The problem is devising algorithms for the agent, s.t., in expectation w.r.t. , the -expected reward approximates the best possible -expected reward (the latter is what we would get if the agent knew which hypothesis is correct) and the number of queries is low. Propose sets of assumptions about the ingredients of the setting that lead to non-trivial bounds. Consider proving both positive results and negative results (the latter meaning: "no algorithm can achieve a bound better than...")

Strategy: See the theoretical research part of my other answer. I advise to start by looking for the minimal simplification of the setting about which it is still possible to prove non-trivial results. In addition, start with bounds that scale with the sizes of the sets in question, proceed to look for more refined parameters (analogous to VC dimension in offline learning).

Vanessa Kosoy


Motivation: Improving understanding of relationship between learning theory and game theory.

Topic: Study the behavior of learning algorithms in mortal population games, in the limit. Specifically, consider the problem statements from the linked comment:

  • Are any/all of the fixed points attractors?
  • What can be said about the size of the attraction basins?
  • Do all Nash equilibria correspond to fixed points?
  • Do stronger game theoretic solution concepts (e.g. proper equilibria) have corresponding dynamical properties?

You can approach this theoretically (proving things) or experimentally (writing simulations). Specifically, it would be easiest to start from agents that follow fictitious play. You can then go on to more general Bayesian learners, other algorithms from the literature, or (on the experimental side) to using deep learning. Compare the convergence properties you get to those known in evolutionary game theory.

Notice that, due to the grain-of-truth problem, I intended to study this using non-Bayesian learning algorithms, but due to the ergodic-ish nature of the setting, Bayesian learning algorithms might perform well. But, if they perform poorly, this is still important to know.

Strategies: See my other answer.

Vanessa Kosoy


The idea is an elaboration of a comment I made previously.

Motivation: Improving the theoretical understanding of AGI by facilitating synthesis between algorithmic information theory and statistical learning theory.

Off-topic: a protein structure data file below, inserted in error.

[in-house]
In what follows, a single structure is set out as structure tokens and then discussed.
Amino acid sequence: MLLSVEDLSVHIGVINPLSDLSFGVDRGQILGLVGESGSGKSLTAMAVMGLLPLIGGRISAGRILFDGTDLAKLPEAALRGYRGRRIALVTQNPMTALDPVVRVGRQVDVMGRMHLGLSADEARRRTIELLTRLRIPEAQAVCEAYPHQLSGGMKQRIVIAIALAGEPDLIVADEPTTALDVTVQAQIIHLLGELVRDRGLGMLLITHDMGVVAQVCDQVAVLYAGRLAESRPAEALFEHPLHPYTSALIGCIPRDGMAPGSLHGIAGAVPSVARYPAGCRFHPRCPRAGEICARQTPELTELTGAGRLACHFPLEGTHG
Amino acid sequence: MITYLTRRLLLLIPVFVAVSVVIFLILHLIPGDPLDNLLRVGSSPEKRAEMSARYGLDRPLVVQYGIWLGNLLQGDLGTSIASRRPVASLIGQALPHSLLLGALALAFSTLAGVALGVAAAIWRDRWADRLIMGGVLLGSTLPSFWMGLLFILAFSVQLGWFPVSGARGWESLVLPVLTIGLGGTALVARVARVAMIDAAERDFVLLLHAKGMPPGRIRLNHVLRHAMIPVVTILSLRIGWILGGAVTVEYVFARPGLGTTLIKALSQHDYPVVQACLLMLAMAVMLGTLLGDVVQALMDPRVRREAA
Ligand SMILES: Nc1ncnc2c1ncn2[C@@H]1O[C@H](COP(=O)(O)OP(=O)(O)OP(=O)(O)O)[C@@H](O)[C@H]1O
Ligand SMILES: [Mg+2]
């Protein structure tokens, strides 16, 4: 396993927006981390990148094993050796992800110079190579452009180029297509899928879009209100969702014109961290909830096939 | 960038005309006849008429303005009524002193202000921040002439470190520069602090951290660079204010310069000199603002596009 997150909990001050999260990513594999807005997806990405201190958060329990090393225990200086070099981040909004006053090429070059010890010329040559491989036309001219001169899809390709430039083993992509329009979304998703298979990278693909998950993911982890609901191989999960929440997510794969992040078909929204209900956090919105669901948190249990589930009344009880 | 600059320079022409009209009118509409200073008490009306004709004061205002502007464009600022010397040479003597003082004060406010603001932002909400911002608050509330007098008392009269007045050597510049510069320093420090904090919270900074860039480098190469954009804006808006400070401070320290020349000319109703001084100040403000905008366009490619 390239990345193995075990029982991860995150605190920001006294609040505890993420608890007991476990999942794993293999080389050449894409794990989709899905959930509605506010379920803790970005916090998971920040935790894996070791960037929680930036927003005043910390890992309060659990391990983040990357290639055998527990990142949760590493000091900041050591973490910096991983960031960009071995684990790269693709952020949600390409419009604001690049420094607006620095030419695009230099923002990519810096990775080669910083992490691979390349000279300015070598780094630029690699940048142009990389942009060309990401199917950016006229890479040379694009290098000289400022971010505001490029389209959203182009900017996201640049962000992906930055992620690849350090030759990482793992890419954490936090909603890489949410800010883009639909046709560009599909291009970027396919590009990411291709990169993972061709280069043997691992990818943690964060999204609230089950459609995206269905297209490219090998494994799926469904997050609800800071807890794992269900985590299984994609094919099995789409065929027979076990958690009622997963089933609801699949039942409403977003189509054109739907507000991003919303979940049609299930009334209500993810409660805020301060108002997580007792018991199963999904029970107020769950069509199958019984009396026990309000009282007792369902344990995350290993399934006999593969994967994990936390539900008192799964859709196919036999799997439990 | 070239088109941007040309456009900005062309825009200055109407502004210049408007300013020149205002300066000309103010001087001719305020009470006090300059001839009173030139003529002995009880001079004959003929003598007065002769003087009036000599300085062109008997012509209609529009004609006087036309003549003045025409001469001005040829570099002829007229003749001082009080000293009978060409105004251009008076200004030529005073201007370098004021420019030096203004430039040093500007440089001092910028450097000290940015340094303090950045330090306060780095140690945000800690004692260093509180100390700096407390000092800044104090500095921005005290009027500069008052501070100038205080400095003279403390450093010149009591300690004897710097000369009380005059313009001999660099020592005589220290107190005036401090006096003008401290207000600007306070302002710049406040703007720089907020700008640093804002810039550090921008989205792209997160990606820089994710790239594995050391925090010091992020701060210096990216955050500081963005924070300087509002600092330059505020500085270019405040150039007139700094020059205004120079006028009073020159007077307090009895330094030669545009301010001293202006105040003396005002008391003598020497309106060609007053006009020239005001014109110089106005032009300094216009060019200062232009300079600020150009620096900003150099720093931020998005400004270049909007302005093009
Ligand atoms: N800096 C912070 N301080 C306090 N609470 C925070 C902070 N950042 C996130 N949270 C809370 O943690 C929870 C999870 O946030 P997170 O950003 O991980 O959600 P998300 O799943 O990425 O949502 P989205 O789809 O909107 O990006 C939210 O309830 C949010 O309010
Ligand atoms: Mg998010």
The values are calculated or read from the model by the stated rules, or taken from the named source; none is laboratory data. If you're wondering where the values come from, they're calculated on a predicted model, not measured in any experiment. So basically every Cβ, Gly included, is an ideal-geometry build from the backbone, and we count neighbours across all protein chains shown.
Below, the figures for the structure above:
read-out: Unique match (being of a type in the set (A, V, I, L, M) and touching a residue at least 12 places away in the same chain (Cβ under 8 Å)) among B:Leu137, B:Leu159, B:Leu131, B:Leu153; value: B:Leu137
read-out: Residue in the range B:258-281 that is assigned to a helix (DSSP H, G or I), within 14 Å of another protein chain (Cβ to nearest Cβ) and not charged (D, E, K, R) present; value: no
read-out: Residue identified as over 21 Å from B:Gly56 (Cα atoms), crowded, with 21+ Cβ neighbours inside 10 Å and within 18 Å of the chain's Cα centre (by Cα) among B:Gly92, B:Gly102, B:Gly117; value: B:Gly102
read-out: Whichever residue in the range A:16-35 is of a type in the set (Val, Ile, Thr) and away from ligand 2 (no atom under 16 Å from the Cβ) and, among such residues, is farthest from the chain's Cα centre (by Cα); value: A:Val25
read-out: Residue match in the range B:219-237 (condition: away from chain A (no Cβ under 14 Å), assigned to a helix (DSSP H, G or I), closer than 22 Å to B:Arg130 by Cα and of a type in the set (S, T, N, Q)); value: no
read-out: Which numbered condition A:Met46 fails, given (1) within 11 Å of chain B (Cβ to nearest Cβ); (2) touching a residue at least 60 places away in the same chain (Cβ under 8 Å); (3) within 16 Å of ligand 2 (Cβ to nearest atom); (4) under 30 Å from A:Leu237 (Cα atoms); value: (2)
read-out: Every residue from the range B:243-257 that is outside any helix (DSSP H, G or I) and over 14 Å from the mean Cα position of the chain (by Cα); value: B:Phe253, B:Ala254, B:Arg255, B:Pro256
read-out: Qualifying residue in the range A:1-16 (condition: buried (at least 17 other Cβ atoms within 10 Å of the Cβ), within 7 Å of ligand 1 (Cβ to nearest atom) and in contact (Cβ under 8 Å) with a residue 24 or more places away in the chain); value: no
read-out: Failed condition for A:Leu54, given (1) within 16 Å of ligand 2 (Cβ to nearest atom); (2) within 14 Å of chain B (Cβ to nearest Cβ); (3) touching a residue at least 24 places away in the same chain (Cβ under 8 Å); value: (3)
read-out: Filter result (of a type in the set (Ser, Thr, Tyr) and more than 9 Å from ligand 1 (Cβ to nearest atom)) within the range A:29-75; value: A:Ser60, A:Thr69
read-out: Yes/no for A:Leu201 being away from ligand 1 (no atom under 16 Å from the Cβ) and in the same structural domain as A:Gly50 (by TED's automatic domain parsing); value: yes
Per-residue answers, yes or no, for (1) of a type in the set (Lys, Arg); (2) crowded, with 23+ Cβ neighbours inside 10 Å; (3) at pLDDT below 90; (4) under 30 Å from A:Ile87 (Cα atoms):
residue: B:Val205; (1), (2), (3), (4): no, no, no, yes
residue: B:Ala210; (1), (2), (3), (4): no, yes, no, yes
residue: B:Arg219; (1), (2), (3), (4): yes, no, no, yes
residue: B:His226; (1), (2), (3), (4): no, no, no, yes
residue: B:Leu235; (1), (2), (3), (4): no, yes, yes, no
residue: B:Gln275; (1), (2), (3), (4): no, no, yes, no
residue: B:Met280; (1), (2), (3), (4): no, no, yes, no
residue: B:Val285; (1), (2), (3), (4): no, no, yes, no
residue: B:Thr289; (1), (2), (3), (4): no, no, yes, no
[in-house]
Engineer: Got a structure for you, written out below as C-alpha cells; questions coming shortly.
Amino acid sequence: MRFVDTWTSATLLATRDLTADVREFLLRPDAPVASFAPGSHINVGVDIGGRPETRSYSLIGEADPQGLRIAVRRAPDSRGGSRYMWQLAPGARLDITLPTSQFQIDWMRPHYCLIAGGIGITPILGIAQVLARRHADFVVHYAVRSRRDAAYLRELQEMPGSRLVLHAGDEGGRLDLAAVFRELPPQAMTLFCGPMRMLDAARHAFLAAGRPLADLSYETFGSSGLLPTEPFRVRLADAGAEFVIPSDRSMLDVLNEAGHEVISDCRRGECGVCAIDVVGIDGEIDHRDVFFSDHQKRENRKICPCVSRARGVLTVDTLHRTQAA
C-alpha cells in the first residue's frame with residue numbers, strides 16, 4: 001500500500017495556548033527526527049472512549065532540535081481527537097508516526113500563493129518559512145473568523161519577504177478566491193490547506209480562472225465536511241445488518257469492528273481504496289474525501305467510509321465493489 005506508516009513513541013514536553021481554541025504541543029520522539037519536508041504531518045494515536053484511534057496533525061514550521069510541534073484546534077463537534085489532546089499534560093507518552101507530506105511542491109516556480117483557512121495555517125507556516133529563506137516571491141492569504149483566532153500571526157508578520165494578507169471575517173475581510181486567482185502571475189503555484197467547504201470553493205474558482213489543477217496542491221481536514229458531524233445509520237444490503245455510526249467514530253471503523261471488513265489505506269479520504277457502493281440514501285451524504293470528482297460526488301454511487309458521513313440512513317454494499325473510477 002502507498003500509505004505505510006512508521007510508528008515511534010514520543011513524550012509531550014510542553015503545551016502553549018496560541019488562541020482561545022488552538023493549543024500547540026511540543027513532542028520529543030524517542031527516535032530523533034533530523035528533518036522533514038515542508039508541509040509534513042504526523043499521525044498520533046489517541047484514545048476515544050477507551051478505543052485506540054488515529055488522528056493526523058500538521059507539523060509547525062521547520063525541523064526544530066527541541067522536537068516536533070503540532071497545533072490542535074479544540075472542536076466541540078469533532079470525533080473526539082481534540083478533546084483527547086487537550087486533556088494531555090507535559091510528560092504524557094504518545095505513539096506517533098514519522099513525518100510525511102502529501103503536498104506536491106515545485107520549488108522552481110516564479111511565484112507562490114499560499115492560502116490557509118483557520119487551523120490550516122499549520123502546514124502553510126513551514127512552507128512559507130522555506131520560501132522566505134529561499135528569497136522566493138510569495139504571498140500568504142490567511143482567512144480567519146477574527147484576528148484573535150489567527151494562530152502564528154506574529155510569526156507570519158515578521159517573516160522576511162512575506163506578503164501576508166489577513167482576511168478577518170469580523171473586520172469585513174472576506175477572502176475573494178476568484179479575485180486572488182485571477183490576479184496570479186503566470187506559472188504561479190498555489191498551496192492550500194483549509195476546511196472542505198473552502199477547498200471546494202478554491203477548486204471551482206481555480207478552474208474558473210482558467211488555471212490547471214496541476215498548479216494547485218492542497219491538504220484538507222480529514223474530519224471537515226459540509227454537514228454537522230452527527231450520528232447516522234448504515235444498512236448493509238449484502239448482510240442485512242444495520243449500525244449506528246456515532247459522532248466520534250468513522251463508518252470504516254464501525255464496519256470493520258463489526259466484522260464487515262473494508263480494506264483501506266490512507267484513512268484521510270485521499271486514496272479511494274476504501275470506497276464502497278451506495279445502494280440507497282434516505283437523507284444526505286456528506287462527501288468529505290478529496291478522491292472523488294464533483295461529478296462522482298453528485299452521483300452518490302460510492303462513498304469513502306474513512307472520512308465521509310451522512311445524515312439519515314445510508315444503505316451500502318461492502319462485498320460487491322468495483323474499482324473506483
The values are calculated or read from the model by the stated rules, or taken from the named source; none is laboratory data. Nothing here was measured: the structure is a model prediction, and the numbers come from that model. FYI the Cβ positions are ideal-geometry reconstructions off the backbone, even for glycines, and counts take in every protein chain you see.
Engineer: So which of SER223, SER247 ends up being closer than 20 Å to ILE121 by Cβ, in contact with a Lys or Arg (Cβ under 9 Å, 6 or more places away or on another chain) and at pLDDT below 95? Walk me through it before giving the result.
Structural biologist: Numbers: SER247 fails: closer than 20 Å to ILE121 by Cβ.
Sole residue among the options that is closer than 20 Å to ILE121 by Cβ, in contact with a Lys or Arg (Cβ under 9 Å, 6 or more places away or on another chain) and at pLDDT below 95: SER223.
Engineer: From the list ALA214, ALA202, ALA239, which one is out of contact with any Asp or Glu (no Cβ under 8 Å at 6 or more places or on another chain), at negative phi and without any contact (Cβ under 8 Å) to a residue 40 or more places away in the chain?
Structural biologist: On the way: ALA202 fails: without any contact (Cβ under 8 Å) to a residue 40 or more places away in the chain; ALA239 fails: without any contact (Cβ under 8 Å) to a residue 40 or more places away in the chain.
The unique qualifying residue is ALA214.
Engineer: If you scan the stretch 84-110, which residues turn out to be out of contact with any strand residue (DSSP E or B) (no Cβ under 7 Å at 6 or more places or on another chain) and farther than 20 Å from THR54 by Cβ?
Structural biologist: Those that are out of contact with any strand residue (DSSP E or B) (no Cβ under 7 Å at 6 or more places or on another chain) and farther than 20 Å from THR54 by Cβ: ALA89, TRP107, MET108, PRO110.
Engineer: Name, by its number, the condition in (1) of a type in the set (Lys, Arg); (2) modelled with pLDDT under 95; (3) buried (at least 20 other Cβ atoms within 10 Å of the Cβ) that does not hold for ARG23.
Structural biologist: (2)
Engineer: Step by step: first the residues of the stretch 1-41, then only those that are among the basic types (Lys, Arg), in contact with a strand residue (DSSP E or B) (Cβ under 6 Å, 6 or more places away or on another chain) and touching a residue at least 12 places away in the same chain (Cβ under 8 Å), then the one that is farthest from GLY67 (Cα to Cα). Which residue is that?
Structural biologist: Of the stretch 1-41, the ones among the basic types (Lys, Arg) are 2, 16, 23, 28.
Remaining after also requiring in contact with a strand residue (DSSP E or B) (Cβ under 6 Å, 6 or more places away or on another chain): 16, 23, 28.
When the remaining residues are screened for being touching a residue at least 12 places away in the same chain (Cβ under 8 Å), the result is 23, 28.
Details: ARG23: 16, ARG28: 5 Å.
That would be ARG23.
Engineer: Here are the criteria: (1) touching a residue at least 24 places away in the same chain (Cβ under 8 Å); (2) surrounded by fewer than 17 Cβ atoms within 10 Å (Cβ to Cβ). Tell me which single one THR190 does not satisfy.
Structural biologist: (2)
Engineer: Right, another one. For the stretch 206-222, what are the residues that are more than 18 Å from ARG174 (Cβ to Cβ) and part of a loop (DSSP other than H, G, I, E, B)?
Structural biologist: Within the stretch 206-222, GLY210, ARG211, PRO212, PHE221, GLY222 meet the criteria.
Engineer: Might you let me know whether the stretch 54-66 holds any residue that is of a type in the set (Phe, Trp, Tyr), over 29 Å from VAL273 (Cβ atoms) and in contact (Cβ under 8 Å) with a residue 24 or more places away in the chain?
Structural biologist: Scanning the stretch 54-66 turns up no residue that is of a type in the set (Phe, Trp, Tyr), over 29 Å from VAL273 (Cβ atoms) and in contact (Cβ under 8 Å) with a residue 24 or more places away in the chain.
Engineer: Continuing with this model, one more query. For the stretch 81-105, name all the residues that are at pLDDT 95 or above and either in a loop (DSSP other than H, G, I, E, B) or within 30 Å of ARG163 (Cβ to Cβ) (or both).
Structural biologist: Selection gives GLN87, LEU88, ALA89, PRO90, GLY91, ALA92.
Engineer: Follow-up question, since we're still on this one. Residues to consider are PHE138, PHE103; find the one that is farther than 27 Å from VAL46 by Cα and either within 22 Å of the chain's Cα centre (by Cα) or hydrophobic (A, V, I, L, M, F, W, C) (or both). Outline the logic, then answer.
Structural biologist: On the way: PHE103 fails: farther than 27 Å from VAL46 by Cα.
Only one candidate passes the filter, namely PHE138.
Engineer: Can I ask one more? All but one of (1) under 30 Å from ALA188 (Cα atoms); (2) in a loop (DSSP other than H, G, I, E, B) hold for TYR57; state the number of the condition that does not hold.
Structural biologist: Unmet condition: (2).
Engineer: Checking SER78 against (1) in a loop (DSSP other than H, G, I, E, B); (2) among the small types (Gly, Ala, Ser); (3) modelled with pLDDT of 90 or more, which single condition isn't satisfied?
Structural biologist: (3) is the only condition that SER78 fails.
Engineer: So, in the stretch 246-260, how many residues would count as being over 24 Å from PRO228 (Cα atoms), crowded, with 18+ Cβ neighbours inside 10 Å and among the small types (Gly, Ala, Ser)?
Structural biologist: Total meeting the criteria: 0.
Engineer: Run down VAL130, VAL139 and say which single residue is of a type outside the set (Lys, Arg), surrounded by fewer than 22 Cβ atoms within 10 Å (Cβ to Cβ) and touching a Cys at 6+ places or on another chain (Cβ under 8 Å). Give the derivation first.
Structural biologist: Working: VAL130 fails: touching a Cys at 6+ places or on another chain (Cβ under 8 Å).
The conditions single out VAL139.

Topic: Fix some reasonable encoding of communicating MDPs, and use this encoding to define : the Solomonoff-type prior over communicating MDPs. That is, the probability of a communicating MDP is proportional to where is the length of the shortest program producing the encoding of .

Consider CMDP-AIXI: the Bayes-optimal agent for . Morally speaking, we would like to prove that CMDP-AIXI (or any other policy) has a frequentist (i.e. per hypothesis ) non-anytime regret bound of the form , where is the time horizon[1], is a parameter such as MDP diameter, bias span or mixing time, , (this time is just a constant, not time discount). However, this precise result is probably impossible, because the Solomonoff prior falls off very slowly. Warm-up: Prove this!

Next, we need the concept of "sophisticated core", inspired by algorithmic statistics. Given a bit string , we consider the Kolmogorov complexity of . Then we consider pairs where is a program that halts on all inputs, is a bit string, and . Finally, we minimize over . The minimal is called the sophistication of . For our problem, we are interested in the minimal itself: I call it the "sophisticated core" of and denote it .

To any halting program we can associate the environment . We also define the prior by . and are "equivalent" in the sense that . However, they are not equivalent for the purpose of regret bounds.

Challenge: Investigate the conjecture that there is a (-dependent) policy satisfying the regret bound for every , or something similar.

Strategy: See the theoretical research part of my other answer.

  1. I am using unnormalized regret and step-function time discount here to make the notation more standard, even though usually I prefer normalized regret and geometric time discount. ↩︎

Steve Byrnes


I think it would be fun and productive to "wargame" the emergence of AGI in broader society in some specific scenario---my choice (of course) would be "we reverse-engineer the neocortex". Different people could be different interest-groups / perspectives, e.g. industry researchers, academic researchers, people who have made friends with the new AIs, free-marketers, tech-utopians, people concerned about job losses and inequality, people who think the AIs are conscious and deserve rights, people who think the AIs are definitely not conscious and don't deserve rights (maybe for religious reasons?), militaries, large companies, etc.

I don't know how these "wargame"-type exercises actually work---honestly, I haven't even played D&D :-P  Just a thought. I personally have some vague opinions about brain-like AGI development paths and what systems might be like at different stages etc., but when I try to think about how this could play out with all the different actors, it kinda makes my head spin. :-)

The goal of course is to open conversations about what might plausibly happen, not to figure out what will happen, which is probably impossible.

Vanessa Kosoy


The idea is an elaboration of a comment I made previously.

Motivation: Improving our understanding of superrationality.

Topic: Investigate the following conjecture.

Consider two agents playing iterated prisoner's dilemma (IPD) with geometric time discount. It is well known that, for sufficiently large discount parameters (), essentially all outcomes of the normal form game become Nash equilibria (the folk theorem). In particular, cooperation can be achieved via the tit-for-tat strategy. However, defection is still a Nash equilibrium (and even a subgame perfect equilibrium).